Catechol, resorcinol, and hydroquinone were purchased from Shanghai Chemical Reagent Corporation (Shanghai, China). Graphene were purchased from Nanjing JCNANO Tech Co., Ltd. The ionic liquids, octyl-pyridinum hexafluorophosphate (OPFP), were purchased from Chengjie Chemical Co., Ltd. (Shanghai, China). Graphite powder (average particle size 30 μm) and other chemicals are of analytical grade. All solution was prepared by using doubly distilled water.

2.2. Apparatus

All the electrochemical experiments were carried out in a three-electrode cell controlled by CHI 660B electrochemical workstation (CH Instruments, USA). Graphene-doped CILE was used as the working electrode. An Ag/AgCl electrode and a platinum wire electrode were used as the reference and the auxiliary electrodes, respectively. All the measurements were carried out at room temperature.

2.3. Preparation of Graphene-Doped CILE

The bare CILE was prepared by hand-mixing, in a mortar, the graphite powder and OPFP with a ratio of 50/50 (w/w). A portion of the resulting paste was packed firmly into one end of a glass tube (Φ = 3 mm), and a copper wire was inserted through the opposite end to establish an electrical contact. The electrode was then heated either in an oven to a temperature higher than the melting point of OPFP (mp 65°C) or simply by using a hair drier for 2 min. It was then left to cool to room temperature. A new surface was obtained by smoothing the electrode onto a weighing paper. The graphene-doped CILE was fabricated using the same procedure except the introduction of a portion of graphene into the bare CILE.

3. Results and Discussion

3.1. Electrochemical Characteristics of the Graphene-Doped CILE

Generally, is used as a redox probe to characterize new prepared electrodes. In order to investigate the action of graphene doped into CILE, cyclic voltammetric experiments were carried out in 0.1 M KCl solution containing 0.1 mM . Figure 1 shows the typical cyclic voltammograms (CVs) recorded at the graphene-doped CILE and CILE, respectively. It is obvious that the electrochemical response of at graphene-doped CILE is improved, which attributes to the excellent conducting property of graphene. Meanwhile, it also indicated that the graphene was doped into the CILE successfully.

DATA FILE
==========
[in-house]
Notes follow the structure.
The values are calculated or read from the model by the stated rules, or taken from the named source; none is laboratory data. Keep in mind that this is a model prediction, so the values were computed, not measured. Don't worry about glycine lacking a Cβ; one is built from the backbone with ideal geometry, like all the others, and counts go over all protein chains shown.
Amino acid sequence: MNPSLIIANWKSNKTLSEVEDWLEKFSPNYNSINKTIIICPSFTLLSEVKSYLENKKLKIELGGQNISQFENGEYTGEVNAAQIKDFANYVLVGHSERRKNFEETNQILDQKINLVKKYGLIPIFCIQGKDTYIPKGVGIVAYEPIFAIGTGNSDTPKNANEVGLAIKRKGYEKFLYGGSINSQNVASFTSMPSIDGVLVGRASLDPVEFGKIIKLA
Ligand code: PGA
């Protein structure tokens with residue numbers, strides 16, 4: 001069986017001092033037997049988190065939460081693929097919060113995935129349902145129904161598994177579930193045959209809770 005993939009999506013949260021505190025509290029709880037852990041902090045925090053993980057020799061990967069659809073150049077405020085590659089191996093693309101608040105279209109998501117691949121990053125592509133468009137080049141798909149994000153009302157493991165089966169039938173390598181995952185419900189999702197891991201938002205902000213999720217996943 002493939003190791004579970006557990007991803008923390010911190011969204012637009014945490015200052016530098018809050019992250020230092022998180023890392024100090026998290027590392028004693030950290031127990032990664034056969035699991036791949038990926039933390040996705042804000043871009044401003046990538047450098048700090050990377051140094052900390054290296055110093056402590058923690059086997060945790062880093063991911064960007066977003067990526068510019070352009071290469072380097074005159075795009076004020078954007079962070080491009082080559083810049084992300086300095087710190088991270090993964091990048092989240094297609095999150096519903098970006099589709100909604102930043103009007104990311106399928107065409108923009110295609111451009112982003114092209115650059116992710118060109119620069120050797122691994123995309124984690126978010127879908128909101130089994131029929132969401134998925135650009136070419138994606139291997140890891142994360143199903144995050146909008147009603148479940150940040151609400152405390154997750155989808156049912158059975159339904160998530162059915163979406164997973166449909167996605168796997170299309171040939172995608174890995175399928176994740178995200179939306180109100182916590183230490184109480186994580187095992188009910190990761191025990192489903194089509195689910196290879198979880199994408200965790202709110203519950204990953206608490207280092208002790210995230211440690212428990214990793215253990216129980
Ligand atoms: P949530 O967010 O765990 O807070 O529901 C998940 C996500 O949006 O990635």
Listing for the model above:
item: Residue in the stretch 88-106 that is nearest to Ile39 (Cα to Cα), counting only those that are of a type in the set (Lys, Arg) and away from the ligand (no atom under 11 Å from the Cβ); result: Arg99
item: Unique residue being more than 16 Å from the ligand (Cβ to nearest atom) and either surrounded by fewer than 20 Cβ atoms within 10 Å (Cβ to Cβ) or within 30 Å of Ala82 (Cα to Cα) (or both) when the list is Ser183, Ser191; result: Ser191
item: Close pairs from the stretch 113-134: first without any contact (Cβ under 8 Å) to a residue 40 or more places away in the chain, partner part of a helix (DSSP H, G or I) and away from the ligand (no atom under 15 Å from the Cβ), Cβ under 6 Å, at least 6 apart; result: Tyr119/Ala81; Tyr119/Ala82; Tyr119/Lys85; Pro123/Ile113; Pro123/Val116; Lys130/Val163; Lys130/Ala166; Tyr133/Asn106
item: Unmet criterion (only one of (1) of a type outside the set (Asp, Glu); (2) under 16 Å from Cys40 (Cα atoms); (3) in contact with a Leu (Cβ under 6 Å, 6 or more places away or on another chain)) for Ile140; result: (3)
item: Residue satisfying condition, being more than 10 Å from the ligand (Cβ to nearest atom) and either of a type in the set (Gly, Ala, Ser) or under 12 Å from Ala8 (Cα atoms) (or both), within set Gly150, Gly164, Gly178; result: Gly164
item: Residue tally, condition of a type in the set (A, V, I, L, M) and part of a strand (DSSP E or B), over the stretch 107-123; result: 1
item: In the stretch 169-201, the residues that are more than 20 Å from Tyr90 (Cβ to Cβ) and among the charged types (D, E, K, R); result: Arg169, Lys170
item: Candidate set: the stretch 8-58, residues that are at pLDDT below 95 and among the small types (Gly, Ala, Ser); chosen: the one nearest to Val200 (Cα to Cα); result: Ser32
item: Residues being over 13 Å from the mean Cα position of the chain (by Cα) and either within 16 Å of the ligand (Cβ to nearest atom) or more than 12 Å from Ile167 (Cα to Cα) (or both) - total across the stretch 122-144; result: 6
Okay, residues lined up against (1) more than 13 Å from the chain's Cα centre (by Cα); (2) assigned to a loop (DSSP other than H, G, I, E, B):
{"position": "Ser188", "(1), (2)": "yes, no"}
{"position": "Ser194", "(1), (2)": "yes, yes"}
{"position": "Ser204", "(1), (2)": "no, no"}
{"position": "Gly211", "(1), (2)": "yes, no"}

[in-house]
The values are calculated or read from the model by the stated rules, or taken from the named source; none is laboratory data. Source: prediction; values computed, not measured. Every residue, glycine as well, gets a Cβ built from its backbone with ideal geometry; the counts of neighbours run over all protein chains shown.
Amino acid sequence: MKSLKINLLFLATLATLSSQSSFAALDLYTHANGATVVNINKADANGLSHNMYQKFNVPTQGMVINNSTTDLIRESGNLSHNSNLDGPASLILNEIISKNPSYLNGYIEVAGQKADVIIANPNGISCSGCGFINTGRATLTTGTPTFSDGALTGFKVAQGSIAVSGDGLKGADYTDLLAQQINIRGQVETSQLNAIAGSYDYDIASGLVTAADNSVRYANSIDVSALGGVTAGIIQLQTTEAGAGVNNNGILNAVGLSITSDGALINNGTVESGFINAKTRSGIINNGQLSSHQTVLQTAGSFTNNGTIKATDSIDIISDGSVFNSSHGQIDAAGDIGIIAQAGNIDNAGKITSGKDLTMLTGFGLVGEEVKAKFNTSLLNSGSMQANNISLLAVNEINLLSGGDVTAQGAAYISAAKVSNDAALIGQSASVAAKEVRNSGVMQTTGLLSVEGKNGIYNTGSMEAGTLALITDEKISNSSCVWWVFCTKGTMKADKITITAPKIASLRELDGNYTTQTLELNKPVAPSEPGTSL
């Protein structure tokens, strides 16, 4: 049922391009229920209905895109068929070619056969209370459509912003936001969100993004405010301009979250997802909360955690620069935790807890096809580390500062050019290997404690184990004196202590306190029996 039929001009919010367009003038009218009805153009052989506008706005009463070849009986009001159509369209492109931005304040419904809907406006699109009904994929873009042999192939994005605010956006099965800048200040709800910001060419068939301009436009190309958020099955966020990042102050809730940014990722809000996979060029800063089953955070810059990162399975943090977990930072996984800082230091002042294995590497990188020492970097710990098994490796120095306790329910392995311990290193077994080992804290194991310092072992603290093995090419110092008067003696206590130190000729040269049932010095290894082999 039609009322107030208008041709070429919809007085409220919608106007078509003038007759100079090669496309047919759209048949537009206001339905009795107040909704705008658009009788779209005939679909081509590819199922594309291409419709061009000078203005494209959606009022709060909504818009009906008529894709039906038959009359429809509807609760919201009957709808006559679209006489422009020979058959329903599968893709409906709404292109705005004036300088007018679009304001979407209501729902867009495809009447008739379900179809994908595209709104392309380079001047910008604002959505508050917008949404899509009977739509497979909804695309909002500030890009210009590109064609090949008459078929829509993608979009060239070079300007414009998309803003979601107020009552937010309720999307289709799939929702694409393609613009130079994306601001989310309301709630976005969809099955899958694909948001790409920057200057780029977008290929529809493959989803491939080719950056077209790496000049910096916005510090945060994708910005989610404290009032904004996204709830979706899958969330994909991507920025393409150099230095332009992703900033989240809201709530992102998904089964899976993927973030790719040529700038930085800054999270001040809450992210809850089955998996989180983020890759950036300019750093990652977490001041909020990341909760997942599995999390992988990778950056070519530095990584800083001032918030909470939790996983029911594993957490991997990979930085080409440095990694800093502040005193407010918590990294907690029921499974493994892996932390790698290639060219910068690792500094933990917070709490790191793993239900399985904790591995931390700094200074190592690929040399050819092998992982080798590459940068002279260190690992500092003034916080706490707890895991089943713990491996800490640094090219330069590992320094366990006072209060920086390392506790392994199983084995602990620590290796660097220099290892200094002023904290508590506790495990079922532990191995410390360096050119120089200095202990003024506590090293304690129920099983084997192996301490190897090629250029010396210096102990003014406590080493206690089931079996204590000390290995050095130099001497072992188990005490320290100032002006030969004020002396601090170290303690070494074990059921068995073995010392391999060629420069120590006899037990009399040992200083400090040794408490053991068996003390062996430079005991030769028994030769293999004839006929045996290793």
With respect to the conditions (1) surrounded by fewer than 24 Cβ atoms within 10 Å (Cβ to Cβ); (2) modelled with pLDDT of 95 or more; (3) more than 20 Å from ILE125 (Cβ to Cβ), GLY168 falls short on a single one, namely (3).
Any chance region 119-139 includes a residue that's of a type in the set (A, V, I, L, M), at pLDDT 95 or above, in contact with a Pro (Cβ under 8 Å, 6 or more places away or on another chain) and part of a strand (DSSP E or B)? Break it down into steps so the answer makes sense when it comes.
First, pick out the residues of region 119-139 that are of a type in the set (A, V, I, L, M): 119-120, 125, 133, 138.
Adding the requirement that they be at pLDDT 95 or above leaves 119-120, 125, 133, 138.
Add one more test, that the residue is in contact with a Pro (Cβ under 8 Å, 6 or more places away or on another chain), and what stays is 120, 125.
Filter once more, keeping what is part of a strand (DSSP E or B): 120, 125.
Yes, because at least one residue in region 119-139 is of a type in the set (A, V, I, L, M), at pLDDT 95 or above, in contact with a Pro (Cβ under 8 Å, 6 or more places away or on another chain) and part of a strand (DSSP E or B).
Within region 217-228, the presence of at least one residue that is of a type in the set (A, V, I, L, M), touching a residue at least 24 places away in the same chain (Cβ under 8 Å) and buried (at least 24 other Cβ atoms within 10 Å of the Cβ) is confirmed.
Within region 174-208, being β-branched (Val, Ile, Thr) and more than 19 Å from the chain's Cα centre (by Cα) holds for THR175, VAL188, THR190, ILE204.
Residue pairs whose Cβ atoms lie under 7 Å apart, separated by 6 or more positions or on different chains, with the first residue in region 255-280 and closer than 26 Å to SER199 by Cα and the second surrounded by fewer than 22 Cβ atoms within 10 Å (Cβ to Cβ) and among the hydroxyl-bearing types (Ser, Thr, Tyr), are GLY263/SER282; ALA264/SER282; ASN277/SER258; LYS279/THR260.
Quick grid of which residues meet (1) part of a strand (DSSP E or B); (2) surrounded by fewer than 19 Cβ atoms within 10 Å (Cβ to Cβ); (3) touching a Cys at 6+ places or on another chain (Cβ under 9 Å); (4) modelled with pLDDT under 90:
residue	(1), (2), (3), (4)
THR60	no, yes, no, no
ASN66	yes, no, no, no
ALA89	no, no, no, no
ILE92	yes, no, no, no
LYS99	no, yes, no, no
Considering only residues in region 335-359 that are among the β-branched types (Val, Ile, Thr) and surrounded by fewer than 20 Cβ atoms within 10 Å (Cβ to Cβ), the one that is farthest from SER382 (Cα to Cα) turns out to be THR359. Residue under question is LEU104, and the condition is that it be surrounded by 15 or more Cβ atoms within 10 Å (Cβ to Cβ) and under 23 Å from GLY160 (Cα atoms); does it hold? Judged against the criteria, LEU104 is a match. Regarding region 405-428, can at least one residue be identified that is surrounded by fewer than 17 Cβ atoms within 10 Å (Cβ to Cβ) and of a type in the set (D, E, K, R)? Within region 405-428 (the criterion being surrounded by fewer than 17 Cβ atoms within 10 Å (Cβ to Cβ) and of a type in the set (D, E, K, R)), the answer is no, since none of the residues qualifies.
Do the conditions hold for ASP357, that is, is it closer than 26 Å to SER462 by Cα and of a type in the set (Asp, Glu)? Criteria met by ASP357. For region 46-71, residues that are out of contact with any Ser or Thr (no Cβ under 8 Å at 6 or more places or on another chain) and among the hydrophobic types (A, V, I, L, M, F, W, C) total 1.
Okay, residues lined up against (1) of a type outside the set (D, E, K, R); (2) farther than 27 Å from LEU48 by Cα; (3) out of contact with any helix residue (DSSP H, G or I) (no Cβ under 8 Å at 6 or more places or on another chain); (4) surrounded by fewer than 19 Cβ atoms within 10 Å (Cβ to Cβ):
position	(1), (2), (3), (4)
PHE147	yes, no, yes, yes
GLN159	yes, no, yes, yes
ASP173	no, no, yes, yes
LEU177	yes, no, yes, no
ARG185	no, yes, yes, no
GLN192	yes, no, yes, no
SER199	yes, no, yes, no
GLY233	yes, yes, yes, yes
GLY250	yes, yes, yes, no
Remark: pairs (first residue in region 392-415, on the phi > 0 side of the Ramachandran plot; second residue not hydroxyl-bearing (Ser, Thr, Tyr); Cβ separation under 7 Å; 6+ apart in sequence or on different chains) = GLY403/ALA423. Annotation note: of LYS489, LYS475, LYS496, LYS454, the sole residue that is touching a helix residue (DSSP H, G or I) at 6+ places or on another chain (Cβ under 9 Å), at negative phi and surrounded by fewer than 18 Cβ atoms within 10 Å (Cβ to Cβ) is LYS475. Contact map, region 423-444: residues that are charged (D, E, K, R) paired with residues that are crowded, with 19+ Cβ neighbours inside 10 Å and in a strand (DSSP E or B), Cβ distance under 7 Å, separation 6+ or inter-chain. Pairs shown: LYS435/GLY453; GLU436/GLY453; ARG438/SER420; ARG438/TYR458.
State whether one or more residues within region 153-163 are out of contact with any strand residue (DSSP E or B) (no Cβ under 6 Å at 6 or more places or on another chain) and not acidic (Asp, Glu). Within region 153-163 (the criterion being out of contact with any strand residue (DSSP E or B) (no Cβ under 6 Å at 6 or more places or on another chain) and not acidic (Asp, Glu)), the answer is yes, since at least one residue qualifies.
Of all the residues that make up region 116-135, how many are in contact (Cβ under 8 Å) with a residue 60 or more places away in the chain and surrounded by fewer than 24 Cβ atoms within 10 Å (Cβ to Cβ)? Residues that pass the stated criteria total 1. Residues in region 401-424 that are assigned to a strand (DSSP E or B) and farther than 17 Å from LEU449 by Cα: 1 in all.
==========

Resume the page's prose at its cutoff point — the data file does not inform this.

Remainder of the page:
243031.fig.001
Figure 1: CVs for 0.1 M KCl solution containing 0.1 mM at CILE (a) and graphene-doped CILE (b), scan rate: 100 mV/s.
3.2. Electrochemical Responses of HQ, CC, and RS at the Doped CILE

In order to investigate the electrochemical response of the doped electrode to three isomers of dihydroxybenzene, CV experiments were carried out in acetate buffer (HAc-NaAc) solution containing HQ, CC, or RS, respectively. Figure 2 shows the typical cyclic voltammograms of HQ (A), CC (B), and RS (C) at the bare CILE and the doped electrode, respectively. At bare CILE, the electrochemical response of three isomers of dihydroxybenzene can be observed. But the redox peak currents are very small. Especially, for 1.0 × 10−4 M RS, almost no anodic peak can be observed. As expected, under the same concentration, higher redox peak currents can be obtained at the graphene-doped electrode, which indicates the presence of graphene can accelerate the electron transfer between hydroquinone and electrode and the doped graphene provide a remarkable synergistic promotion for the electrochemistry of the dihydroxybenzene.